“When we sold the ship-owning company Norled in the summer of 2019, the company started a strategic review process to define where DSD would go next. The company has a long, proud history, and we have always been heavily invested in the transport sector – both at sea and on land. For 165 years, the company has never stopped developing, thanks to its strong focus on innovation. Now we are looking to explore and invest in new areas, so the time was ripe to change our name and give ourselves a more modern and future-oriented corporate identity”, says DSD’s CEO Ingvald Løyning.
Løyning adds that there are always strong feelings attached to a name and a logo, and that the company can look back on a fantastic past.
“The new visual identity is the result of a positive, thorough process, and DSD has received help from the agency Bold Scandinavia with incorporating our past into our future. The new logo includes elements of our old logo, which has also been the company flag on our ships, in that it retains the three rings on the funnel symbol, but with a more modern design”, continues Løyning.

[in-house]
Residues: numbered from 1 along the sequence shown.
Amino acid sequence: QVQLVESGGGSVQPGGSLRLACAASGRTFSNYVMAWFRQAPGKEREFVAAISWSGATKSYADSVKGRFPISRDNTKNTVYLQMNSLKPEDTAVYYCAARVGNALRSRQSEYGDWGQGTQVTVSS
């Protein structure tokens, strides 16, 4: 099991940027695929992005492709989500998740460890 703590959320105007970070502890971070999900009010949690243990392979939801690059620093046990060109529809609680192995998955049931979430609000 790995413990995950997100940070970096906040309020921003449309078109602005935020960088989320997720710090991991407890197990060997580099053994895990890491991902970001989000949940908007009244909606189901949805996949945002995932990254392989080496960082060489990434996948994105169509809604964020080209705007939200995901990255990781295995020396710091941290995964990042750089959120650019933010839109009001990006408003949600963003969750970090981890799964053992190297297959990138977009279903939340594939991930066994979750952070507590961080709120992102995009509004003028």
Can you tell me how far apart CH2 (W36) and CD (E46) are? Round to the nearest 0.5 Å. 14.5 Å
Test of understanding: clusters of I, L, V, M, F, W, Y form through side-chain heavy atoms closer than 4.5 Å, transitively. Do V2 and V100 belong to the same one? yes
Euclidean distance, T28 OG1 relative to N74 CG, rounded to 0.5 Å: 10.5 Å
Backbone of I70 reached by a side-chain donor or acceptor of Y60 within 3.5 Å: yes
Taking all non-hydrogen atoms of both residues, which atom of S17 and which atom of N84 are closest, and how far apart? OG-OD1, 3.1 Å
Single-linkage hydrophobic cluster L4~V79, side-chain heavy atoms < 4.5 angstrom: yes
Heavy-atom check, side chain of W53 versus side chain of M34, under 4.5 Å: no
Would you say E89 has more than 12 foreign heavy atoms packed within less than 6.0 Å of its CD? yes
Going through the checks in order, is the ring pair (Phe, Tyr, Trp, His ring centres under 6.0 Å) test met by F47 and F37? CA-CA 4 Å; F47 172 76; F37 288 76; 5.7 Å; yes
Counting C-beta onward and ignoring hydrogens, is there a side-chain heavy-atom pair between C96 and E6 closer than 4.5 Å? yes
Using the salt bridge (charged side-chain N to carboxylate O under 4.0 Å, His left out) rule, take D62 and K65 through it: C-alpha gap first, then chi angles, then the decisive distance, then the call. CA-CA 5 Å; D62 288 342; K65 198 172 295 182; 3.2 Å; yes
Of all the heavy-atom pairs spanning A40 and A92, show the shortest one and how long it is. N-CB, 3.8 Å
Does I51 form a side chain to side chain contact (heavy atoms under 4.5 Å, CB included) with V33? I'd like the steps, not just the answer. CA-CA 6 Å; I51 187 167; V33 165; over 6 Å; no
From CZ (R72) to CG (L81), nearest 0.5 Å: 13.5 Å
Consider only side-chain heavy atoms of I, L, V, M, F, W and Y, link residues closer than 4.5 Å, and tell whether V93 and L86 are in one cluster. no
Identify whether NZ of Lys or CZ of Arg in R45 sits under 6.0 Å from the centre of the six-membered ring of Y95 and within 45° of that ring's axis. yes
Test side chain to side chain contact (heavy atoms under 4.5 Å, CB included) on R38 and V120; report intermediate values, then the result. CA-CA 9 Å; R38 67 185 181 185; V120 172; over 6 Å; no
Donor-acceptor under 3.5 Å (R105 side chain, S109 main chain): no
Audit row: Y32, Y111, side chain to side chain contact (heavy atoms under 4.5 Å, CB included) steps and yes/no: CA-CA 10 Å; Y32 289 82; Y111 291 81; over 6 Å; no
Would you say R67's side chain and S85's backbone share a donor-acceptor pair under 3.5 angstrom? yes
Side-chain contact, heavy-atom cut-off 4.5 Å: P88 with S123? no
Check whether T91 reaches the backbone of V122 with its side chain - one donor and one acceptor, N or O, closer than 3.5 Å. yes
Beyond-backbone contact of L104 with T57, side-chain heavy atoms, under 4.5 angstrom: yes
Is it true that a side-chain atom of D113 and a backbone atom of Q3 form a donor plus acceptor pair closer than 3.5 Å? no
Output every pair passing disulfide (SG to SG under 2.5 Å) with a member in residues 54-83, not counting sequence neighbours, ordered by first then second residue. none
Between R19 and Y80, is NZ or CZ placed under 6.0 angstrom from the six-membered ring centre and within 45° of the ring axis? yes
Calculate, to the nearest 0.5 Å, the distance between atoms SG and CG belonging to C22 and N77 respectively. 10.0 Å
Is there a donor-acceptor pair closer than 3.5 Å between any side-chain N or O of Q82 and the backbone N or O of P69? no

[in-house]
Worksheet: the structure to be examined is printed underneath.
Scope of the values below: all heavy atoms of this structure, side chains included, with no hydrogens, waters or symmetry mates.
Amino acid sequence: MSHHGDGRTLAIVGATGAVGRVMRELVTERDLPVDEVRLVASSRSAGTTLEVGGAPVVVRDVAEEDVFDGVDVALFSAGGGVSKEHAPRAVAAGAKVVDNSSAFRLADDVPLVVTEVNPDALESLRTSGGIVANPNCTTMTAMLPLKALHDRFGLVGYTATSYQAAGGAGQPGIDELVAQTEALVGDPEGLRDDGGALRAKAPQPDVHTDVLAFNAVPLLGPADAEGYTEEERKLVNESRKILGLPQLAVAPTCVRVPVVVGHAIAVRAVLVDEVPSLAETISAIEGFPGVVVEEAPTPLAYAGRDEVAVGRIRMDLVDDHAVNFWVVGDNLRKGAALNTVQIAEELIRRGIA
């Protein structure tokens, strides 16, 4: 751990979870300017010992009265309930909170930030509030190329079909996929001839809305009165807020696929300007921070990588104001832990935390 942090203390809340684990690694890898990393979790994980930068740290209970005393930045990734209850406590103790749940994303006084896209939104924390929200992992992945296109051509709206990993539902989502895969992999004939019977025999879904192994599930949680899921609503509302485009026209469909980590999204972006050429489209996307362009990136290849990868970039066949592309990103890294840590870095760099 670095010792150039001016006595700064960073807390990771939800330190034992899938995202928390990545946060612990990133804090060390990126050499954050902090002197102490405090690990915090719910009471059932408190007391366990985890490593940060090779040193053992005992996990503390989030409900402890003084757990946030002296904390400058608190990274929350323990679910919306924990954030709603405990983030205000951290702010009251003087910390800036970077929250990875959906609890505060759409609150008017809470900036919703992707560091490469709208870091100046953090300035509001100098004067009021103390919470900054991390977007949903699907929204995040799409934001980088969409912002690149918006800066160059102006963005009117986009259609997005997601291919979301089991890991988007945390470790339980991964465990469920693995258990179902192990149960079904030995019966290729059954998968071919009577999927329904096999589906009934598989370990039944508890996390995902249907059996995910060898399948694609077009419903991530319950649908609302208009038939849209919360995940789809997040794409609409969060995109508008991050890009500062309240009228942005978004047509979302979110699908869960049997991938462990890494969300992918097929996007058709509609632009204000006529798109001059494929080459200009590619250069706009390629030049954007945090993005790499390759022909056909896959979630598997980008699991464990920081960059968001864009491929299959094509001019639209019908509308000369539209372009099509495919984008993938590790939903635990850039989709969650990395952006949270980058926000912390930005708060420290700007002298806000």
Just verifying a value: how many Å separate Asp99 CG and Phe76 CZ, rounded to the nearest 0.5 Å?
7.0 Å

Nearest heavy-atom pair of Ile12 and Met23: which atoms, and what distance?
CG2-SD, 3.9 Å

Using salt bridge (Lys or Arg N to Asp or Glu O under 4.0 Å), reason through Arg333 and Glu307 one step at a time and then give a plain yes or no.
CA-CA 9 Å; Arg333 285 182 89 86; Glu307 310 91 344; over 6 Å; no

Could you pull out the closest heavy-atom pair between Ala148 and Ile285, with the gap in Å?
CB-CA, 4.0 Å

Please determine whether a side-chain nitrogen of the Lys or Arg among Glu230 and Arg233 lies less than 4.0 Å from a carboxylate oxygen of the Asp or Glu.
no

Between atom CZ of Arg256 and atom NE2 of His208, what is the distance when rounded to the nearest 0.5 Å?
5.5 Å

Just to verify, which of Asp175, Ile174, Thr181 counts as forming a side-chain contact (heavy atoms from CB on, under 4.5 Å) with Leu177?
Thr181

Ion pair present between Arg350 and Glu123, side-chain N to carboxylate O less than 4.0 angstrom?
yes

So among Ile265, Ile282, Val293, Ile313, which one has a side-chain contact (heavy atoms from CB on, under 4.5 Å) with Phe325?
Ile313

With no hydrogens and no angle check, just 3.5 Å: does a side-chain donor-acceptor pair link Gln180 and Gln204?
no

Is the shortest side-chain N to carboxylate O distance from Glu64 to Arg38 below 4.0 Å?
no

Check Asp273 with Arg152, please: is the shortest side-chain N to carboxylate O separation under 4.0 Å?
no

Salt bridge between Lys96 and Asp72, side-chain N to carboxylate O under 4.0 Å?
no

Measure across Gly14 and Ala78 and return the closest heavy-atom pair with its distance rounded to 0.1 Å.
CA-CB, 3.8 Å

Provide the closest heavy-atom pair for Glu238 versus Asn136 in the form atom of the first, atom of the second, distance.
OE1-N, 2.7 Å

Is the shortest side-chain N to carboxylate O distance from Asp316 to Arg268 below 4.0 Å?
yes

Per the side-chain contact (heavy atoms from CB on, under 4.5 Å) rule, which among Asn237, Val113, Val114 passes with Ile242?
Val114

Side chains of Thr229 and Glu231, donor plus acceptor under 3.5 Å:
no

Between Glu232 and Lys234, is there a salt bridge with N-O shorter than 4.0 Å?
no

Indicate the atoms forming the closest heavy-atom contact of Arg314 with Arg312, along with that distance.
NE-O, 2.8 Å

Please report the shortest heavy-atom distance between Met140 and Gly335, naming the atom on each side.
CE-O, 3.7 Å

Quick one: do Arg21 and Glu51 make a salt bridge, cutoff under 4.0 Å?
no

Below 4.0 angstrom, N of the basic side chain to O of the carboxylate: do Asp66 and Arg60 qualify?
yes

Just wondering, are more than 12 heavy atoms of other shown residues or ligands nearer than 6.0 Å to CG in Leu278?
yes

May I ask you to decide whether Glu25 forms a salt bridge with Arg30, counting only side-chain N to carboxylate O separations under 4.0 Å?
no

The old logo lives on
DSD’s history dates back to 1855, and up until this week its logo was also used as the flag on the company’s ships.
“We will keep that flag both as the flag on our ships and as the logo for our two companies in the maritime sector, DSD Shipping and DSD Cargo. For them, there will be no change”, says Løyning.
“We will continue to build on our ownership interests in the maritime sector, and in the mobility sector the bus company Tide is a big, important investment. In addition, we want to invest in and enter new areas, like the marine industry, tourism, and health and care services”, says Løyning.
Never standing still
Sustainability, innovation and active ownership will be the watchwords for the company’s new direction.
“There is nothing new in that, per se. We believe in creating value by taking a long-term view and through innovation, and we are constantly seeking out opportunities for sustainable growth in partnership with the companies and people we encounter, because we believe that there is no real alternative to a long-term approach”, says Løyning.